Stock markets hold 80% more fossil fuel reserves than can be burned under 2°C climate limit: report

London Stock Exchange particularly exposed says Carbon Tracker.

Fossil fuel companies listed on the world’s stock markets are holding about 80% more fossil fuels than can be burned in the next 40 years if global warming is to be limited to 2°C, according to Carbon Tracker, a financial think-tank. In its report, titled “Unburnable carbon: are the world’s financial markets prepared for a carbon bubble?, the NGO says that only one fifth of the world’s fossil reserves can be used based on the 2°C threshold that the Intergovernmental Panel on Climate Change says would avoid dangerous climate change. The report says that the London Stock Exchange is particularly exposed with 105.5 GtCO2 of fossil fuel reserves listed, over ten times the UK’s domestic carbon budget for 2011 to 2050, of around 10 GtCO2. The issue is one that has been raised previously by prominent asset managers. At a recent conference in London, Nick Robins, head of HSBC’s Climate Change Centre of Excellence in London, said: “At least one-half of fossil fuel assets will have to be left in the ground according to the most likely projections by climate scientists. He said investors were still pricing extractives companies as if all their reserves were going to be exploited.The Carbon Tracker report argues that stock market prices are short-term and reward companies for finding more reserves assuming there is no limit on how much can be burned. It said its own focus on reserves links climate change to the material assets of companies, which are fundamental to the value placed on shares. As a result, it said pension funds and other asset owners face the risk of being exposed to ‘stranded assets’. Carbon Tracker says the new UK Financial Policy Committee, set up to monitor risks and bubbles in the financial system, should urgently address the “carbon bubble” and ensure regulators require greater disclose on reserves and carbon emissions. It said the UK Kay review into the structure of equity markets should also examine the issue. James Leaton, author of the report said: “Markets have locked a carbon intensive future into their operating systems. Unless this model changes, the capital to create a low carbon future will not be available. It is up to regulators to act to avert a crisis and prevent this carbon bubble from bursting.”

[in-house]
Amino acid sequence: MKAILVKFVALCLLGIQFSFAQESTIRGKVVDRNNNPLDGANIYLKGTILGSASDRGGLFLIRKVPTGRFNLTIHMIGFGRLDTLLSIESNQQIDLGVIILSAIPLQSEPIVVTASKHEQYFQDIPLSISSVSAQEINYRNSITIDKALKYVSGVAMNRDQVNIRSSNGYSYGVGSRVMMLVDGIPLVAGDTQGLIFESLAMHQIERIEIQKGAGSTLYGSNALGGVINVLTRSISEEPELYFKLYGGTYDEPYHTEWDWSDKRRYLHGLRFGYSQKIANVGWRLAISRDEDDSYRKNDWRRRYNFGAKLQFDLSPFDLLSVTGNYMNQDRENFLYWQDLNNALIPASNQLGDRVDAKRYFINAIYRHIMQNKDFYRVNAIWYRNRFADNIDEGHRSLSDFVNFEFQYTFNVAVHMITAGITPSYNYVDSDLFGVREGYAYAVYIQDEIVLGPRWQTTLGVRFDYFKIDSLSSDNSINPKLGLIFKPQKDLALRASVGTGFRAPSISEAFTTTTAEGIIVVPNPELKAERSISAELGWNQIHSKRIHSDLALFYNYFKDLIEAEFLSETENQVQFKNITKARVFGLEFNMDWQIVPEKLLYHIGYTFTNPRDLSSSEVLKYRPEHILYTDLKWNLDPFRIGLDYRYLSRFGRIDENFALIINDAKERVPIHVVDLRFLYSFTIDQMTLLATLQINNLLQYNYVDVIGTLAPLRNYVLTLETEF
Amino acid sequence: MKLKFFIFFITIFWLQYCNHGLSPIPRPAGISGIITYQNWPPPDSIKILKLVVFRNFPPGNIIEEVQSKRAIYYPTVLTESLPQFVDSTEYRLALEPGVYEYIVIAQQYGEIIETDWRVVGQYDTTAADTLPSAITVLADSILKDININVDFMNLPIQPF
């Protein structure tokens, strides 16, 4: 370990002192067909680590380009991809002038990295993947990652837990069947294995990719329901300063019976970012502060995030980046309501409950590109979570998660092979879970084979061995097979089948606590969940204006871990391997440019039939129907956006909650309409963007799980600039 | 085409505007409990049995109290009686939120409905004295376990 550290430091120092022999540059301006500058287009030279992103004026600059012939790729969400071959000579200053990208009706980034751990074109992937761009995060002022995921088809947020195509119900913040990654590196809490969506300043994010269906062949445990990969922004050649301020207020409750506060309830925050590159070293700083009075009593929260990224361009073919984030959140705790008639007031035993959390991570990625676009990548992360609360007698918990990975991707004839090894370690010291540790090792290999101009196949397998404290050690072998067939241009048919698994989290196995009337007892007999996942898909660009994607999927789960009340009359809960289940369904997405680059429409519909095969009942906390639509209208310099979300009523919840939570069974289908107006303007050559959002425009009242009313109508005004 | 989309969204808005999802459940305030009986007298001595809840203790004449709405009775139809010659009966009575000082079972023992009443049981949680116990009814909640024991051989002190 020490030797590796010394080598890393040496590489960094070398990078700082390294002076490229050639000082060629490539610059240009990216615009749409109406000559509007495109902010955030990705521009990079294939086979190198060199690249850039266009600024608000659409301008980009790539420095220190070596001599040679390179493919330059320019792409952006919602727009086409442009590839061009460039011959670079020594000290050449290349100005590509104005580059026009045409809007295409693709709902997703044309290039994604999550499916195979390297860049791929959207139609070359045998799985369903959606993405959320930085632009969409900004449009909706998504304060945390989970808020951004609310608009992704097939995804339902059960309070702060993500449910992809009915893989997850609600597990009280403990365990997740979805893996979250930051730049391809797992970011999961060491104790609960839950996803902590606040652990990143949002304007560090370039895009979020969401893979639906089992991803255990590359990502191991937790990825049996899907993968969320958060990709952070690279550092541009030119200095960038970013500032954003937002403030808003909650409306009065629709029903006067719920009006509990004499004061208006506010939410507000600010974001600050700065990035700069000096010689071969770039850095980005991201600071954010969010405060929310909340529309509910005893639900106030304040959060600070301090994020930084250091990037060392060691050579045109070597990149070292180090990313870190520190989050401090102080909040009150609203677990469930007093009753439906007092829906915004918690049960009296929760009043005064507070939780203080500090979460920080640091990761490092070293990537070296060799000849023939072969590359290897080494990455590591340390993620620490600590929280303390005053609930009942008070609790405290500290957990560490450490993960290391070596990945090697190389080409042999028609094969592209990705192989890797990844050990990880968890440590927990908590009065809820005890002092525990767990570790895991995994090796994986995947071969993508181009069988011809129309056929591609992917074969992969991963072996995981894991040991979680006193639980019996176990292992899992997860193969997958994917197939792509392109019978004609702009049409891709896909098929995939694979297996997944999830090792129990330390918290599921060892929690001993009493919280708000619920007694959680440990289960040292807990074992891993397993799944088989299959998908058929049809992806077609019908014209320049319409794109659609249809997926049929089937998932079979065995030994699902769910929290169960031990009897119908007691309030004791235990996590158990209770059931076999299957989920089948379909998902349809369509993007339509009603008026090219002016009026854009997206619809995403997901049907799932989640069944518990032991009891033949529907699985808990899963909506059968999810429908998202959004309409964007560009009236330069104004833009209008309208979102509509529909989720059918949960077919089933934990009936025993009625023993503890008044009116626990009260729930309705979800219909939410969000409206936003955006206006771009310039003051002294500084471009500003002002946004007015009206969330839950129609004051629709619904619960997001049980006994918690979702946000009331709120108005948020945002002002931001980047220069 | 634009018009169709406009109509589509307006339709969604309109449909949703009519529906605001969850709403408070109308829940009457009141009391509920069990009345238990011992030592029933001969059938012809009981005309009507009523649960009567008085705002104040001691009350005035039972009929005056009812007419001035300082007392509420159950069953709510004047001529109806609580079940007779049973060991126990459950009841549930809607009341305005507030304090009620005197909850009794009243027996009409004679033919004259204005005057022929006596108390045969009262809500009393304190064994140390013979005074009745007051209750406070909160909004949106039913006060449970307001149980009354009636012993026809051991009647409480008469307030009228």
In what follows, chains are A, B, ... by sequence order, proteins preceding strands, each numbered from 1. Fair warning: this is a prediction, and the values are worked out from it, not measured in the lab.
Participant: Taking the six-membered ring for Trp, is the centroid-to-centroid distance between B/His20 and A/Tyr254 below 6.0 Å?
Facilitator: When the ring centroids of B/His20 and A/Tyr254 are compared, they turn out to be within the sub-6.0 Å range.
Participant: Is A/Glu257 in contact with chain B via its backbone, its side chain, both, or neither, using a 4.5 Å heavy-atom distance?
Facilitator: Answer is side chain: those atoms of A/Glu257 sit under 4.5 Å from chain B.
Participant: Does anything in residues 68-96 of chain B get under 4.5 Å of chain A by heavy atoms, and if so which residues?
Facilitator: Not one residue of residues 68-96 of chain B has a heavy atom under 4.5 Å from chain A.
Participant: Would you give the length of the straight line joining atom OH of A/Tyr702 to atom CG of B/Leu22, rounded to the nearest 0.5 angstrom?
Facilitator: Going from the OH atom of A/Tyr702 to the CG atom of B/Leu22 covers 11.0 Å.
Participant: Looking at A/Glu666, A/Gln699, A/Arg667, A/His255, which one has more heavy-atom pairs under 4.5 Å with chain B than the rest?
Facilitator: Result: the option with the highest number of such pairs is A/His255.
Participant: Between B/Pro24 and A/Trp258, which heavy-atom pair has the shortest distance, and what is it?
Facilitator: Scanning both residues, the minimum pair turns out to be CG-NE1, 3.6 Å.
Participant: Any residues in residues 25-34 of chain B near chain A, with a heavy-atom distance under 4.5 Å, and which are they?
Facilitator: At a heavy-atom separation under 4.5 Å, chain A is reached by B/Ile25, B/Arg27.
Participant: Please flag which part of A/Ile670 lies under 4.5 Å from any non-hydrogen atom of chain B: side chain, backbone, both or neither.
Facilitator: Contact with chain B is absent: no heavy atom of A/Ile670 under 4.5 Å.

Link to report